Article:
Friday, December 20, 2002

House Appropriations Committee Chairman C.W. Bill Young, Florida Republican, said yesterday he intends to stick to President Bush’s overall spending limit for federal agencies, and will urge members to agree so they can quickly pass long-overdue fiscal 2003 spending bills when Congress convenes in January.

“It is imperative that we complete our work in January,” Mr. Young said yesterday. “Further delay would negatively impact homeland security and other important government functions. The president has stated that we should stick within a $750.5 billion top-line budget number, and it is my intention to do so.”

Sen. Ted Stevens, Alaska Republican and incoming Senate Appropriations Committee chairman, feels the same, a spokeswoman said. The two men met with Mr. Bush several weeks ago and agreed to the budget plan, Mr. Young said.

The Democratic-led Senate this year was not able to pass a budget to reconcile with the House-passed budget. Congress passed only two of the 13 spending bills for fiscal 2003 before adjourning, leaving plans for election reform, homeland security and other key measures without their necessary funding.

Congress completed the Defense and Military Construction spending bills, then passed a “continuing resolution,” funding the rest of the agencies at 2002 levels until Jan. 11.

When the next Congress convenes in early January, Mr. Young said, he expects the House and Senate will quickly pass another continuing resolution extending funding levels through the end of January. He hopes that will be sufficient to meet his and the president’s goal of having a fiscal 2003 budget in time for the State of the Union address on Jan. 28.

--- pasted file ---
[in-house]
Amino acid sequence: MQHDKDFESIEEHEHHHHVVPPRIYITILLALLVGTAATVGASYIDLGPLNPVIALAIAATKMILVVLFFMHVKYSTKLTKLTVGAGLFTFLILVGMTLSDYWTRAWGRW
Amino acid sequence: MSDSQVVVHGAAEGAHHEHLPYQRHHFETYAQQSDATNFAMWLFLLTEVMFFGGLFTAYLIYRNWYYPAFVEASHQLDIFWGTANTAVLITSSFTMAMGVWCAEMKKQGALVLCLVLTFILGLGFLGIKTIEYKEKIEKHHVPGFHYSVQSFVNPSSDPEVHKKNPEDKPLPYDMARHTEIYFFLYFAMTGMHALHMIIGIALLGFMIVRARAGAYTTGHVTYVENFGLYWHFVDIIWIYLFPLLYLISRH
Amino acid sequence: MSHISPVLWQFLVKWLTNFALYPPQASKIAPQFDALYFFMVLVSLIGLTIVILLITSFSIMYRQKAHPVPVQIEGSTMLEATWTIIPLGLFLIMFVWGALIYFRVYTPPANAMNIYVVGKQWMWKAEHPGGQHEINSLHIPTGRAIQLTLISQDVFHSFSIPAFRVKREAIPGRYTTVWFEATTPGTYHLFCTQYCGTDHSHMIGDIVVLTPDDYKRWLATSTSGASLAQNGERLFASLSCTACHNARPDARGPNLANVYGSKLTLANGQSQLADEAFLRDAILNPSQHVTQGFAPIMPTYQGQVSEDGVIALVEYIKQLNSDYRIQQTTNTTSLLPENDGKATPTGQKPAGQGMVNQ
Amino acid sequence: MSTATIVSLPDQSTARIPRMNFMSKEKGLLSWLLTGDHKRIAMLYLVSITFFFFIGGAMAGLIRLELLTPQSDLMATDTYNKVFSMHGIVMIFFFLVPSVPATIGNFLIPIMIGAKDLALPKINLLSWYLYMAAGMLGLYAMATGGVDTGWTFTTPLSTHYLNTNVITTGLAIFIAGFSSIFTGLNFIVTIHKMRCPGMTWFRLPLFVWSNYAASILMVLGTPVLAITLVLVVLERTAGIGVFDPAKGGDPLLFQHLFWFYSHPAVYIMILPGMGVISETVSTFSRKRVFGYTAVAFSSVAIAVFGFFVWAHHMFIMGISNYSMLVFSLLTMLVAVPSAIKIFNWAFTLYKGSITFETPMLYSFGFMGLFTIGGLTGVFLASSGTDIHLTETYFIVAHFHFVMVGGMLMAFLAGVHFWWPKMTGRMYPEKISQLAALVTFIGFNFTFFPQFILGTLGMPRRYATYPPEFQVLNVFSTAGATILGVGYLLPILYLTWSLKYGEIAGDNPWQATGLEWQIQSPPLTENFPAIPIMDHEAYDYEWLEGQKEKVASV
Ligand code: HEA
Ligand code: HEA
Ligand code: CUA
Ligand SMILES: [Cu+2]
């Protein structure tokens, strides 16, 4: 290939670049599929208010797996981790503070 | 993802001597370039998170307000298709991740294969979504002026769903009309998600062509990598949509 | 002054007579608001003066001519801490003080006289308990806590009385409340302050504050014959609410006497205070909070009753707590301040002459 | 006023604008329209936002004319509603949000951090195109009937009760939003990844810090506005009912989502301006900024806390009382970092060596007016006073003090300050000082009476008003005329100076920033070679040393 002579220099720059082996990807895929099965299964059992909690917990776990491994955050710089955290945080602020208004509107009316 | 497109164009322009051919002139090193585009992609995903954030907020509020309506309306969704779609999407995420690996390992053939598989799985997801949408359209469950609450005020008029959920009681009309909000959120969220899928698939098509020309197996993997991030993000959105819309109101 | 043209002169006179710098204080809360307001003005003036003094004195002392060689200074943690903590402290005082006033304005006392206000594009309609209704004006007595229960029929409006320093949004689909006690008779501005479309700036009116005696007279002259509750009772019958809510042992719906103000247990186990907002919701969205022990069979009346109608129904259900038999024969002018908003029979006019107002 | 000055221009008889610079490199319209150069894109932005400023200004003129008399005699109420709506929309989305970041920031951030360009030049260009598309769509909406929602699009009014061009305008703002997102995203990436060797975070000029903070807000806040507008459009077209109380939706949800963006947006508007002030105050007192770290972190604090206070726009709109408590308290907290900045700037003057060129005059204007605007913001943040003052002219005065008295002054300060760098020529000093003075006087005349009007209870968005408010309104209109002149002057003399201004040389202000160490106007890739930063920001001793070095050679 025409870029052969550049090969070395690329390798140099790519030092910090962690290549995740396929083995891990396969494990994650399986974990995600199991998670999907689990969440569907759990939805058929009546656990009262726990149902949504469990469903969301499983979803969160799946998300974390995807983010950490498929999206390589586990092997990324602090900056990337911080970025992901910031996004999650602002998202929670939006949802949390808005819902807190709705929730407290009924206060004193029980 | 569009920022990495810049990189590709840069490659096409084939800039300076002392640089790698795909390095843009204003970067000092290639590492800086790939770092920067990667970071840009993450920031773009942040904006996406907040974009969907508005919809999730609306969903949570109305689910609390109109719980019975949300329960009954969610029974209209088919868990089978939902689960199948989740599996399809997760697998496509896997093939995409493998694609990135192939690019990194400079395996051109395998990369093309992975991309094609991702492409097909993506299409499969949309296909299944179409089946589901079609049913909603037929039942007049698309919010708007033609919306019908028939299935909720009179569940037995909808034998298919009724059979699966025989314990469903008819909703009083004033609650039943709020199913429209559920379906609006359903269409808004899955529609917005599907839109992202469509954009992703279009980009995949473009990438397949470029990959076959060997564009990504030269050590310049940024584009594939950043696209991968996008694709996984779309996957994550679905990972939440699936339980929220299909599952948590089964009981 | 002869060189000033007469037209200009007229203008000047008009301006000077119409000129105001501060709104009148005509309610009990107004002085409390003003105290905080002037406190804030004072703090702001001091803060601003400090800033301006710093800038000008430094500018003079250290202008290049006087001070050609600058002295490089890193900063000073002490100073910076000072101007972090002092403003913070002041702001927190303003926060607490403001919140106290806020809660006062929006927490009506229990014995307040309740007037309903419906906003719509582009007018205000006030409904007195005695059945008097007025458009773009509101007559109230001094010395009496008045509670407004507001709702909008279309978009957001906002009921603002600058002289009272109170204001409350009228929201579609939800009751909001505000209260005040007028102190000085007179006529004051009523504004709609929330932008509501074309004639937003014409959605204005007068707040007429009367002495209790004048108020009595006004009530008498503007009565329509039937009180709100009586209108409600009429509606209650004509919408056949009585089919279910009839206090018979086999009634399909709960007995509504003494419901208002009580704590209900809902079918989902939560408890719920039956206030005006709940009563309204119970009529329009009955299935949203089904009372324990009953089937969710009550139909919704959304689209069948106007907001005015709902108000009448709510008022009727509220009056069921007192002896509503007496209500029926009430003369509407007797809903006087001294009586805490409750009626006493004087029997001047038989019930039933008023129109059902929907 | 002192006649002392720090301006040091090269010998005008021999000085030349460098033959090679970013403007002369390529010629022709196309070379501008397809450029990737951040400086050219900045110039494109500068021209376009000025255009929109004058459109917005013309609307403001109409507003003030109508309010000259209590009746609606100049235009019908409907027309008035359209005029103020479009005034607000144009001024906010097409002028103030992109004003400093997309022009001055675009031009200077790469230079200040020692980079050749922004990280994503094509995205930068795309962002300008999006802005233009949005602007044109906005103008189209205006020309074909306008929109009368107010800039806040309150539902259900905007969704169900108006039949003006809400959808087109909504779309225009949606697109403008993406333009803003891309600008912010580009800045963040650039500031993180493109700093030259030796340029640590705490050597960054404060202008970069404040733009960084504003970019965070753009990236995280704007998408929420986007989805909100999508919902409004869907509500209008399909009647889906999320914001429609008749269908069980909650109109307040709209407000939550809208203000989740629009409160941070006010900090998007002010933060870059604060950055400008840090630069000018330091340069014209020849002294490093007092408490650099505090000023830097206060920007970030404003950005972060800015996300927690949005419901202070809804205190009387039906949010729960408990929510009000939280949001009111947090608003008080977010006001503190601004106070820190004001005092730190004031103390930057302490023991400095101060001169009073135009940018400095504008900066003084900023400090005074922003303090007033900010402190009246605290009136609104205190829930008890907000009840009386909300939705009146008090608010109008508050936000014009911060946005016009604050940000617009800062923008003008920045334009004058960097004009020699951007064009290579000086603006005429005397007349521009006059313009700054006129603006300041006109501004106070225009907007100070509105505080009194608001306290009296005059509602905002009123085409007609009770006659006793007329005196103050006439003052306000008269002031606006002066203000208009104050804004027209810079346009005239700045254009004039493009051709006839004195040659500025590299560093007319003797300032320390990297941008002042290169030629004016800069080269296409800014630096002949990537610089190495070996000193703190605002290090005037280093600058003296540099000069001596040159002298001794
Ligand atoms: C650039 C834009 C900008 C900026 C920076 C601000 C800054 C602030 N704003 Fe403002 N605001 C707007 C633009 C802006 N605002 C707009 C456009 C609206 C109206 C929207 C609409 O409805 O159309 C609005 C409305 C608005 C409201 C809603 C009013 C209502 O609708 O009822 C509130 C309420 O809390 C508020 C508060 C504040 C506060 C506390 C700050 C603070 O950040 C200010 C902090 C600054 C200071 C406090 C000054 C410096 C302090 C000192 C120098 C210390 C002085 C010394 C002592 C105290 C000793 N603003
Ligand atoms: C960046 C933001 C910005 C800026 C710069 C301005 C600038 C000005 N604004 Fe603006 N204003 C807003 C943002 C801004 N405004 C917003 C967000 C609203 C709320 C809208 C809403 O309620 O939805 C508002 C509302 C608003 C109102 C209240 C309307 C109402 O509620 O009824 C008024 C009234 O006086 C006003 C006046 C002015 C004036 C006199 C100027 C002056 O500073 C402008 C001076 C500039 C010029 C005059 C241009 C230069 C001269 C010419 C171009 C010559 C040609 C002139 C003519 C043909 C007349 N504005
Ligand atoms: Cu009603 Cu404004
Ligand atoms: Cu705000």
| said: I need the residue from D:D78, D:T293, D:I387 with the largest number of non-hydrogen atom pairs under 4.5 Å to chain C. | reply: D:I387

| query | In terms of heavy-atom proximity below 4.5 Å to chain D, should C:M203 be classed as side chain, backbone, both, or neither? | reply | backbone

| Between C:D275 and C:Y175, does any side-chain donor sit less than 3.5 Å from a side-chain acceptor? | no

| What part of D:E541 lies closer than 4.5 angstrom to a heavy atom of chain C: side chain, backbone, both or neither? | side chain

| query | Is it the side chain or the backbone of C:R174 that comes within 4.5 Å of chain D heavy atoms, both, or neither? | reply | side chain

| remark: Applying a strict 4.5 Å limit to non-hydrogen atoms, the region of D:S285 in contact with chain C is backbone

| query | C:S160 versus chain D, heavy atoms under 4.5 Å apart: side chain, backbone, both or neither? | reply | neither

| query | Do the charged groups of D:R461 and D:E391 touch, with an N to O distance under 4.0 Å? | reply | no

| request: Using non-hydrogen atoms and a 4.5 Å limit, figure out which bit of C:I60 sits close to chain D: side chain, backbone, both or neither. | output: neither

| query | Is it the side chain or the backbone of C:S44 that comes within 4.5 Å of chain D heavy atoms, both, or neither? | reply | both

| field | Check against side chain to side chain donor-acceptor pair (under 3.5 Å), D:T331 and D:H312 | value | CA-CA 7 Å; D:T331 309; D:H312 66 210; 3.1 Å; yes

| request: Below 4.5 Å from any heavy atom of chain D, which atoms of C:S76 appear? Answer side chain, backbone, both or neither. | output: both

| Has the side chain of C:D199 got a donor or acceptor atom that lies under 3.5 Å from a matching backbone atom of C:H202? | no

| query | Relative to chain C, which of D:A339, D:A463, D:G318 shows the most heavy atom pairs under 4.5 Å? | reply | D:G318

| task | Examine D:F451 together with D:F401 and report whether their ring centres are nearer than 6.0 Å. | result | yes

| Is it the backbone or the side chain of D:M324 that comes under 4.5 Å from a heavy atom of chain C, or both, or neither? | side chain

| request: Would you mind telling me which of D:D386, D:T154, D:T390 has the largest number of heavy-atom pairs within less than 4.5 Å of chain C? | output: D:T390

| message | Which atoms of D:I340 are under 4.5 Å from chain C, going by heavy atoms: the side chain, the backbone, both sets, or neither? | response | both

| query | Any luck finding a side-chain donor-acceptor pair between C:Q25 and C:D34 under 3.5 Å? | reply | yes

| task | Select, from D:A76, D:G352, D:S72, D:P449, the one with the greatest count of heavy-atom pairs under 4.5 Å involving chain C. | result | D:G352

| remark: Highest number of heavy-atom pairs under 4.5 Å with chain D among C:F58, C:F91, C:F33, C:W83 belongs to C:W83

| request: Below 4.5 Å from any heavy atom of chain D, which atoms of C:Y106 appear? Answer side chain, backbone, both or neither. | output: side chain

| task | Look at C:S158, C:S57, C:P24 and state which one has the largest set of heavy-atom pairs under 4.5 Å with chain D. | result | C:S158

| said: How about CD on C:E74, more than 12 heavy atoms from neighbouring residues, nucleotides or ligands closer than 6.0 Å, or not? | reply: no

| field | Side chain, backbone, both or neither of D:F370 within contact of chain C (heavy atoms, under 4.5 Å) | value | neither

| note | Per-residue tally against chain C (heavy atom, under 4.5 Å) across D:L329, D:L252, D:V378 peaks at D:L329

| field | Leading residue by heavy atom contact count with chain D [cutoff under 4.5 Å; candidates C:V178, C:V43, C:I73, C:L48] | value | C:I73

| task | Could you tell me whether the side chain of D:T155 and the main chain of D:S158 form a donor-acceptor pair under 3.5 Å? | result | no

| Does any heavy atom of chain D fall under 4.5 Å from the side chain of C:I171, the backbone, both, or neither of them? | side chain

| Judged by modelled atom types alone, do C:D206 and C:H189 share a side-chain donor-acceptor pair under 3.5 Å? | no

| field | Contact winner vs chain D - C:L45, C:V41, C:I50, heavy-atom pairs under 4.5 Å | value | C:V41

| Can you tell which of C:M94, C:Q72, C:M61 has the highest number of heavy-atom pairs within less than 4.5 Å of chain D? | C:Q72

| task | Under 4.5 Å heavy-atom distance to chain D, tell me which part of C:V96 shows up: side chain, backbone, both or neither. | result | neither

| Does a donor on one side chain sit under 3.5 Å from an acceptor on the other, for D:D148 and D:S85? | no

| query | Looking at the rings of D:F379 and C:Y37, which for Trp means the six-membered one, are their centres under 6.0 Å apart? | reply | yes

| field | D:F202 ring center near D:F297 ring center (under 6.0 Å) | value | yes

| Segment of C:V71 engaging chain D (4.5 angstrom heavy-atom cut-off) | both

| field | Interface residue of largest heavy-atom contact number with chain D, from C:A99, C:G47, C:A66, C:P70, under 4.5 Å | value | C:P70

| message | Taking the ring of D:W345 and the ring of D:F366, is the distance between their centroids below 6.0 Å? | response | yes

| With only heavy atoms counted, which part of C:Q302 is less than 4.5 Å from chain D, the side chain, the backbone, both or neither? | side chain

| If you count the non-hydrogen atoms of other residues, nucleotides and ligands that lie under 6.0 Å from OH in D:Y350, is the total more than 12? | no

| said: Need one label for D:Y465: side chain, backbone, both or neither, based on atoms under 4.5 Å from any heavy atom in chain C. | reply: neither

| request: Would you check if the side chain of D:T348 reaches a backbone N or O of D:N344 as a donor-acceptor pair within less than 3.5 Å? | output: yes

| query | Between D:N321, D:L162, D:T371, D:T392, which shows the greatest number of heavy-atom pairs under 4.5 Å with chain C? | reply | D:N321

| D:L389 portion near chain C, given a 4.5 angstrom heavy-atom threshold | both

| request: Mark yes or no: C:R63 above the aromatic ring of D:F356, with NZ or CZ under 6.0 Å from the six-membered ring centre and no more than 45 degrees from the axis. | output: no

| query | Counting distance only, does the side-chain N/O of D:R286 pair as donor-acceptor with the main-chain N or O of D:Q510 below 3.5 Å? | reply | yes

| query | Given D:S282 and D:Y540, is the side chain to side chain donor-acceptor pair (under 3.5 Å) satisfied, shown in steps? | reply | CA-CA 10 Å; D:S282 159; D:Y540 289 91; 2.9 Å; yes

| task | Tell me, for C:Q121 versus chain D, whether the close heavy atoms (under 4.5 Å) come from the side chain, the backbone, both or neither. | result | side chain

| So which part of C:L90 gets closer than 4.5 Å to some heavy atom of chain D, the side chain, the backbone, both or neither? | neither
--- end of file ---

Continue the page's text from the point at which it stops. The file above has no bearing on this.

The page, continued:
Mr. Young said a second continuing resolution will become the vehicle that will carry the remaining 11 spending bills into law. He said he and Mr. Stevens have developed levels for each spending bill, but they are not releasing those numbers.

“We’re going to have to make some hits; there’s going to be some reductions,” Mr. Young said, noting that while the House budget was in line with the president’s request, the Senate wanted to spend at least $9 billion more.

Mr. Young would not say what those reductions would be. Democrats and some moderate Republicans were pushing for more funding in areas such as education.

From the $750.5 billion, Congress has approved spending $359.8 billion on defense and $10 billion on military construction, leaving about $385.15 billion for the remaining bills, he said.

“Probably nobody’s going to be really happy with the bill we produce,” Mr. Young said.

He said Congress must finish the budget quickly because the fiscal 2004 spending process will be starting. The president likely will send a supplemental funding request to Capitol Hill early next year as well, he said.

Mr. Young’s Democratic counterpart on the House Appropriations Committee, Rep. David R. Obey of Wisconsin, said this week that the administration consistently has failed to provide enough money for the homeland security it claims to support.

Because the president allowed lawmakers to leave town without passing the remaining spending bills, Mr. Obey said, “many key agencies are now functioning at a level that is well below even the amount requested by the president.”

“This is affecting our ability to hire needed personnel in federal law enforcement agencies, in the Coast Guard and Customs Service and in responding to bioterrorism,” he said.

In addition, he said, the Department of Justice is refusing to spend the $651 million allowed under the continuing resolution for rescue workers who are the first to respond to emergencies.

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